Stewart received her bachelor's degree from the University of California, Davis and her master's from Texas A&M University - Kingsville, where she worked in the Caesar Kleberg Wildlife Research Institute. She received her doctorate from the University of Alaska Fairbanks, where she worked in the Department of Biology and Wildlife and the Institute of Arctic Biology.

May 17, 2018

Park Service signs deal to round up Death Valley’s wild burros

A wild burro stands in Death Valley National Park. The agency has entered into a five-year agreement with a nonprofit rescue group to remove all burros from the park. (National Park Service)

By Henry Brean
Las Vegas Review-Journal

Death Valley National Park hopes to be burro-free within the next five years.

The National Park Service said Thursday it has entered into a contract with Peaceful Valley Donkey Rescue, a Texas-based nonprofit, to round up and remove up to 2,500 wild burros from the park 100 miles west of Las Vegas.

The animals are not native to Death Valley, but they have made themselves at home there, said park Superintendent Mike Reynolds. They damage springs and vegetation, create a safety hazard on park roads and compete for food and water with desert bighorn sheep and other native animals.

“Burros are not part of the natural California desert ecosystem,” Reynolds said in a written statement. “With this partnership, we have created a win-win situation for the burros, the park and taxpayers.”

Starting later this month, Peaceful Valley will lure the animals with food and water or drive them with wranglers on horseback into temporary pens. The burros will then be trucked out of the park to training centers to be prepped for adoption.

“Our main objective is to protect our wild burros. If they must be removed, we want to ensure that it is done safely with as little stress possible,” Mark Meyers, the rescue group’s executive director, said in a written statement.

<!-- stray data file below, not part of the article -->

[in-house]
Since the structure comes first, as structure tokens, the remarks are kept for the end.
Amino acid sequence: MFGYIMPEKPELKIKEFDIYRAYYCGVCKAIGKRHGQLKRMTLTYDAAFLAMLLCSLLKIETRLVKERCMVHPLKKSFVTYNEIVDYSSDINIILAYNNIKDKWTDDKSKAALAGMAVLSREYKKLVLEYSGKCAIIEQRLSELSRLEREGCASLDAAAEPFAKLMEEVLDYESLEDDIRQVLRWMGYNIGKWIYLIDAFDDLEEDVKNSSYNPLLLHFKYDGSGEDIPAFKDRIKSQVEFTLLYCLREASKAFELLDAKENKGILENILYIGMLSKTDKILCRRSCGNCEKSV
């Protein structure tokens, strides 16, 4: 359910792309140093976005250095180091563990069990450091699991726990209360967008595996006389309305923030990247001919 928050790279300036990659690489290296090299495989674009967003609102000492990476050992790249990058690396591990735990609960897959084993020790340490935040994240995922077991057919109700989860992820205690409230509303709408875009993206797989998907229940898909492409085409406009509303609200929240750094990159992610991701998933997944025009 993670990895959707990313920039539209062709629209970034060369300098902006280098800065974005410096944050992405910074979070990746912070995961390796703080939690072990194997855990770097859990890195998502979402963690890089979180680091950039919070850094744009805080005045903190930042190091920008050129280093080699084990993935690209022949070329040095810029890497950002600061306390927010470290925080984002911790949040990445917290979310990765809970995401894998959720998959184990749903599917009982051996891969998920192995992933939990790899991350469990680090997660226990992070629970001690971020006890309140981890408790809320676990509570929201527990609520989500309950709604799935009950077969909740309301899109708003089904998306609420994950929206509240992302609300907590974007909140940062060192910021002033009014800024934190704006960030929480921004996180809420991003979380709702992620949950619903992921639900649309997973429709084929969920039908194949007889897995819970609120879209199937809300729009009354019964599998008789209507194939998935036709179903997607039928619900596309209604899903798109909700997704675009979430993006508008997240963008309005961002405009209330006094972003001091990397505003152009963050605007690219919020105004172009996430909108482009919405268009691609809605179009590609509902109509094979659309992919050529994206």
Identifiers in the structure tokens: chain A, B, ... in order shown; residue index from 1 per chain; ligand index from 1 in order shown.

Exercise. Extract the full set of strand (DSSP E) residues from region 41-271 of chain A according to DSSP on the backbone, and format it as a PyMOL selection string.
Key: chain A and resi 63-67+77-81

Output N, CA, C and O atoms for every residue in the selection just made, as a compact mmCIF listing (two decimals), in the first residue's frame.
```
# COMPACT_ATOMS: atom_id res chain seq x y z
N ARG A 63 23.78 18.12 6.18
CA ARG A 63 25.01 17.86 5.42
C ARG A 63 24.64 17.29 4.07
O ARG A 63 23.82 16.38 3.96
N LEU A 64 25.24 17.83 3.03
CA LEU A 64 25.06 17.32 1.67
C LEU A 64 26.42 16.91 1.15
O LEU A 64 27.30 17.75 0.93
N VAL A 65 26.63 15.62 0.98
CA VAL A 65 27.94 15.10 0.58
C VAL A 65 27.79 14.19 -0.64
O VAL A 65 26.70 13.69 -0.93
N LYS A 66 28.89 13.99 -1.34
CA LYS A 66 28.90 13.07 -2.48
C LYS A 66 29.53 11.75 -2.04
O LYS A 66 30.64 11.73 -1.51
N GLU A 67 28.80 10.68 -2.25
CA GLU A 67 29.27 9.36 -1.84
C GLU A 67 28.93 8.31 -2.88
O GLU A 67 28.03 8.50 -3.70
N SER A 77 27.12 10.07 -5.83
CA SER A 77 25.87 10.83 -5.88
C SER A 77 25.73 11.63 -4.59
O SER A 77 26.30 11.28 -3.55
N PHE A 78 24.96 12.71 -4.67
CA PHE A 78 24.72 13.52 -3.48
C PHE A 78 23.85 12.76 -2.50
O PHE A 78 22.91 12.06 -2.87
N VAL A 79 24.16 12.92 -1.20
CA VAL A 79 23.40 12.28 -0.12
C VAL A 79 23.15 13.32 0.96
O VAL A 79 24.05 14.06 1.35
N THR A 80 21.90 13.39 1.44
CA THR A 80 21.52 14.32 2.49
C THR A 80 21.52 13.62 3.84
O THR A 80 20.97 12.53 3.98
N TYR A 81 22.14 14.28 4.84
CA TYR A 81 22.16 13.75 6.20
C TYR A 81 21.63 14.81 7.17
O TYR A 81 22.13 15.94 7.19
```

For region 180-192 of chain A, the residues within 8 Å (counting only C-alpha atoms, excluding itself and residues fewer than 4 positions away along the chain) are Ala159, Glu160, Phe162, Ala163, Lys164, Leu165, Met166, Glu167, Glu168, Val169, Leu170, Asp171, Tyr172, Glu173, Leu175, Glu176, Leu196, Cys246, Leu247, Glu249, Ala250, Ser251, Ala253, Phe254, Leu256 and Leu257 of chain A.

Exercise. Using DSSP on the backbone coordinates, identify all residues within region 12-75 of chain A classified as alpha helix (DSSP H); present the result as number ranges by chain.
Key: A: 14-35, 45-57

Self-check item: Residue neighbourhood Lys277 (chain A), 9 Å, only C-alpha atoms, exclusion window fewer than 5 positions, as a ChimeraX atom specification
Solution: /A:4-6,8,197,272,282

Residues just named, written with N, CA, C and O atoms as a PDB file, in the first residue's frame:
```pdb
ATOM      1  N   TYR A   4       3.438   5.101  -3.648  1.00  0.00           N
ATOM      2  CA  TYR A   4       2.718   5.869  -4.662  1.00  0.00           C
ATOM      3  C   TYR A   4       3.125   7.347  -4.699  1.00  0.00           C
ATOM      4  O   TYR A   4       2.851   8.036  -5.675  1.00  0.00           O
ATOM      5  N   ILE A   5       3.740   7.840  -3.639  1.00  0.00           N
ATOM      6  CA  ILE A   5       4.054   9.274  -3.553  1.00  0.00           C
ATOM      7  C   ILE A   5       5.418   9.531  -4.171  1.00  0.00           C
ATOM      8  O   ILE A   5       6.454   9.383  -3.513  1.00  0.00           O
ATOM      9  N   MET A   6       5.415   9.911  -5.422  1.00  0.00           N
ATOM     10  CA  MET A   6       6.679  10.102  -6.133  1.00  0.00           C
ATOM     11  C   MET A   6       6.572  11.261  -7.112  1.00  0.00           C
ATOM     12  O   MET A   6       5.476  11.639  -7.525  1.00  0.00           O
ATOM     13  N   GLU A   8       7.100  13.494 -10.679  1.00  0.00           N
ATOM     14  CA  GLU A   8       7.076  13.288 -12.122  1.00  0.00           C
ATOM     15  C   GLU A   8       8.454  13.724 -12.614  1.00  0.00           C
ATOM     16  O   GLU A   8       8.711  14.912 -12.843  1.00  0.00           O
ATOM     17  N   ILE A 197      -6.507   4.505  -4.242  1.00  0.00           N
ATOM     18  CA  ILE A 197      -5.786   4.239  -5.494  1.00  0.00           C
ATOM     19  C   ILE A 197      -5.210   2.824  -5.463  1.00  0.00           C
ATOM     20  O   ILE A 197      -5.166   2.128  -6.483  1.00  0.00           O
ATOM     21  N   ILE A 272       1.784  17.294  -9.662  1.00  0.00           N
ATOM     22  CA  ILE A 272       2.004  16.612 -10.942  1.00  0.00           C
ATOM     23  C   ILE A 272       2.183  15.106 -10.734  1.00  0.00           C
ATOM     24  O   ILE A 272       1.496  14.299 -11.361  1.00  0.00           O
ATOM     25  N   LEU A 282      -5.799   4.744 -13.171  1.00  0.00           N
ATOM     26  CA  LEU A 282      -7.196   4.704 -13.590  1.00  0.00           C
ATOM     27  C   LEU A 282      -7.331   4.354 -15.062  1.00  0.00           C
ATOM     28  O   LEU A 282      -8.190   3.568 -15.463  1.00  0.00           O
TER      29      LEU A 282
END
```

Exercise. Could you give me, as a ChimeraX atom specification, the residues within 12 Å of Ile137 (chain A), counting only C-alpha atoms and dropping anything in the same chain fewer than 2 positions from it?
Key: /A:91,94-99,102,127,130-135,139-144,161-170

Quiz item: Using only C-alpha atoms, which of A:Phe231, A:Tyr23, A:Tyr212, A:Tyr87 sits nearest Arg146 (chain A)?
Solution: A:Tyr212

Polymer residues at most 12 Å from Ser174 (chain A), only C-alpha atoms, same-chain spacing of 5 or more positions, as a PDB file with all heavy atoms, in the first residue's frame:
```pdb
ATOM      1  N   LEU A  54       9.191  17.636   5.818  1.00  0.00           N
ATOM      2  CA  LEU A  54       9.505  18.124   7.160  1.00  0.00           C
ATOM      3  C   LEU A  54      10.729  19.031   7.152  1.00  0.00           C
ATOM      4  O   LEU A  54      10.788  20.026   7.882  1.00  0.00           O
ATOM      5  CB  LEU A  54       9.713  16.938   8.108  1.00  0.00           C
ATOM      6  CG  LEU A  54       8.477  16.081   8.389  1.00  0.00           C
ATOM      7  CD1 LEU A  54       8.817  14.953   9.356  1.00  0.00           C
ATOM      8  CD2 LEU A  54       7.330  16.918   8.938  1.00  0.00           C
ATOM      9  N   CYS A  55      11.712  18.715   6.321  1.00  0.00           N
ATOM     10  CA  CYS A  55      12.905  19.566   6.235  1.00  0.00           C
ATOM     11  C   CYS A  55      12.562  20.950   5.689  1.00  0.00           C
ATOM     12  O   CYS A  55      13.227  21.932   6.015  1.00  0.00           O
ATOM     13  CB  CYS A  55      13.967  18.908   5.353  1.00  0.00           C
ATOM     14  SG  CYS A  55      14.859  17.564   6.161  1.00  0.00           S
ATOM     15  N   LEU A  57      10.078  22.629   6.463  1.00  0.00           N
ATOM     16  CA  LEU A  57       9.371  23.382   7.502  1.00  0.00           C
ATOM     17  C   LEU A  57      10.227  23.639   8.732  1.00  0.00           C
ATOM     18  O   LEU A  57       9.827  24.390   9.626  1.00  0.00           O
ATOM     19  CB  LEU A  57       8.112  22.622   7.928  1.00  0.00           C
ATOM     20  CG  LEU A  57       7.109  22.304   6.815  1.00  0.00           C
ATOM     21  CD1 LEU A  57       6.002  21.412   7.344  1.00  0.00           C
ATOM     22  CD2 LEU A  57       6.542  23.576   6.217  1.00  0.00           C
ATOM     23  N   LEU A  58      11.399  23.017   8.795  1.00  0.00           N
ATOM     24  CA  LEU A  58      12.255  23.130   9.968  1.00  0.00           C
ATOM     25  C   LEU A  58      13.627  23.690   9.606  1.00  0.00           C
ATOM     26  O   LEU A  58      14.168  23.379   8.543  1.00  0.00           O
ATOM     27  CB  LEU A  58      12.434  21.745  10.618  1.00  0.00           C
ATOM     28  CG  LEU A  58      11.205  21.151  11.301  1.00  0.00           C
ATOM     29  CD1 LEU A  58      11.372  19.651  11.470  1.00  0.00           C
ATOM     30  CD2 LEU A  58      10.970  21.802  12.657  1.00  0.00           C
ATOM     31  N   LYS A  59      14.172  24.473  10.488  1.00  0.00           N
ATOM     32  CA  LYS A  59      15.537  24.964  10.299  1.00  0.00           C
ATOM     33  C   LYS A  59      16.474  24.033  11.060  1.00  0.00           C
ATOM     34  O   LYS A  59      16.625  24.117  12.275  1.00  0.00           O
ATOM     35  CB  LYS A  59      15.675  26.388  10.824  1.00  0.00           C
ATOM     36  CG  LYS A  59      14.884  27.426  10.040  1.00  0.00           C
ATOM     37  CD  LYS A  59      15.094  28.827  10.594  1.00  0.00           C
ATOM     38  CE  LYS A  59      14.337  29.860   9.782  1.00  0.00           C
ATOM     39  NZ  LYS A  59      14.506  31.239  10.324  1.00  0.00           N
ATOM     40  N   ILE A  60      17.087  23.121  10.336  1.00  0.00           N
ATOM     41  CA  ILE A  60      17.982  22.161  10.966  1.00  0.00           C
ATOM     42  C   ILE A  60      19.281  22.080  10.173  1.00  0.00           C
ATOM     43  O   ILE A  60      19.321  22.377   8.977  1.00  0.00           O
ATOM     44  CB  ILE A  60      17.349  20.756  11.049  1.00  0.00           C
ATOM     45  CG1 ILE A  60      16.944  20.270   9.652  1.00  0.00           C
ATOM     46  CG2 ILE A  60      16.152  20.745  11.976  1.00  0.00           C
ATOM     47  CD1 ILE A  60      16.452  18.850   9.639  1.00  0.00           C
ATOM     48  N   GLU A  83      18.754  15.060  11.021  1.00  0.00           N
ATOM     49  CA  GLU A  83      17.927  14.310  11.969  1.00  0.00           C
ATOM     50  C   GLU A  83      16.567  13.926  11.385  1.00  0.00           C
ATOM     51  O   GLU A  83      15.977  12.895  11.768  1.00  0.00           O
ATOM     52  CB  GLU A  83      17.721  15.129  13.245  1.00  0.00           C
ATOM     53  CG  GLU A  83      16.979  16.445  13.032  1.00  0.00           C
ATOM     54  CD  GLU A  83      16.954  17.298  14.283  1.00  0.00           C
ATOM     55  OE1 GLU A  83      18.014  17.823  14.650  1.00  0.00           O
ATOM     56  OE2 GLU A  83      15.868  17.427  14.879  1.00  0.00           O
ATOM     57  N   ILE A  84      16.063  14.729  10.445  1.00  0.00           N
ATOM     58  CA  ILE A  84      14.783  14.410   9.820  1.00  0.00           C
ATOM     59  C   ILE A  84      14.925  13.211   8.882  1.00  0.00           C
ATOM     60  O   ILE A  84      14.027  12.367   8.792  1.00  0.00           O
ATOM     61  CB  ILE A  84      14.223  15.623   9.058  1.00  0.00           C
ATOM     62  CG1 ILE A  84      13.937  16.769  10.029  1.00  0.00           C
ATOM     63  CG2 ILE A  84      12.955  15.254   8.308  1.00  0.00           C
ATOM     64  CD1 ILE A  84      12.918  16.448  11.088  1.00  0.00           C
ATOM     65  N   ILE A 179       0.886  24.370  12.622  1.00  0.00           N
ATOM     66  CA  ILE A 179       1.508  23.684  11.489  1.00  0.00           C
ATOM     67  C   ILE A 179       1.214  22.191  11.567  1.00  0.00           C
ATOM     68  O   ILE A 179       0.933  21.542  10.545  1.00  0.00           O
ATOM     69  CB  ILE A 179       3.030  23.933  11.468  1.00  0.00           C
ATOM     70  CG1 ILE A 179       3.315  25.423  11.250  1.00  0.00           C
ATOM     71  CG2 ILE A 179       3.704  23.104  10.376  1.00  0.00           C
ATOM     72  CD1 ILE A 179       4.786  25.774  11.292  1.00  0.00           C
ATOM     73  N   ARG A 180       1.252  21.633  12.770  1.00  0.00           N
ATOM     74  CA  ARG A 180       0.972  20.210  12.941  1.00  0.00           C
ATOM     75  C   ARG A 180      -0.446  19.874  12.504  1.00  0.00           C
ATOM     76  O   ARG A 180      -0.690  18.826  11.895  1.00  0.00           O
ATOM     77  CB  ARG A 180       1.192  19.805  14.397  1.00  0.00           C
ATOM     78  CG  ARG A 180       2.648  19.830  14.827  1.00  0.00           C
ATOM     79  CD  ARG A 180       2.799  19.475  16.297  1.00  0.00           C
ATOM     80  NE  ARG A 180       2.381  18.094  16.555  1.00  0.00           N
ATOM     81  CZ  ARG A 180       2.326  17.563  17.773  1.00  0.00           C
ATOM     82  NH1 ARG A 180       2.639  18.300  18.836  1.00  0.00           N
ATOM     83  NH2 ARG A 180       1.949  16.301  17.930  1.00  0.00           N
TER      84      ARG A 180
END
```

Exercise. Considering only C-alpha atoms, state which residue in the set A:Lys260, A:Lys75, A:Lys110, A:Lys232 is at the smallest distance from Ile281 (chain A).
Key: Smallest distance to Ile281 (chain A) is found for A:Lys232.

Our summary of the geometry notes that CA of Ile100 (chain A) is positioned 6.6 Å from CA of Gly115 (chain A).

“This is what they do,” Death Valley spokeswoman Abby Wines said of Peaceful Valley. “Their main mission is to rescue burros and put them up for adoption.”

Wines said the group has agreed to find room at one of its sanctuaries for any animals that can’t be trained or placed in new homes.

Pleasant Valley also plans to remove up to 2,500 wild burros from nearby Mojave National Preserve in California under the same five-year contract.

The operation is being paid for with private donations and grants to the group. Wines said the cost to the federal government is “pretty close to zero.”

Eliminating wild burros from Death Valley has been the Park Service’s stated goal since the adoption of a master plan for the 3.4 million acre park in 2002, but no roundups have been conducted since 2005.

So why now? “They’re multiplying,” Wines said. “We don’t really know what our population is, but we think it’s in the neighborhood of 2,000.”

The largest concentrations of burros can be found in Saline and Butte valleys and in the Wildrose area, she said, but the animals also have recently shown up in the Black Mountains south of Dantes View for the first time since the 1940s.

The National Park Service is allowed to remove them because it is not bound by the Wild Free-Roaming Horses and Burros Act of 1971, which requires the U.S. Forest Service and the Bureau of Land Management to manage and maintain the animals on public land.

The wild burros of today are not related to the larger animals used in the 20-mule teams that famously hauled borax out of Death Valley in the late 1800s, but Wines said they may be the descendants of old pack animals once used by prospectors in the region.

“That’s the foundation of the wild population in the West,” she said.

The Park Service doesn’t expect the upcoming roundup to eliminate the burro problem entirely.

For one thing, Wines said, “it will be very hard to get all of them.”

And there is nothing to stop burros from neighboring parts of Nevada and California from making their way into Death Valley some day.

“We’re not going to fence the park,” Wines said.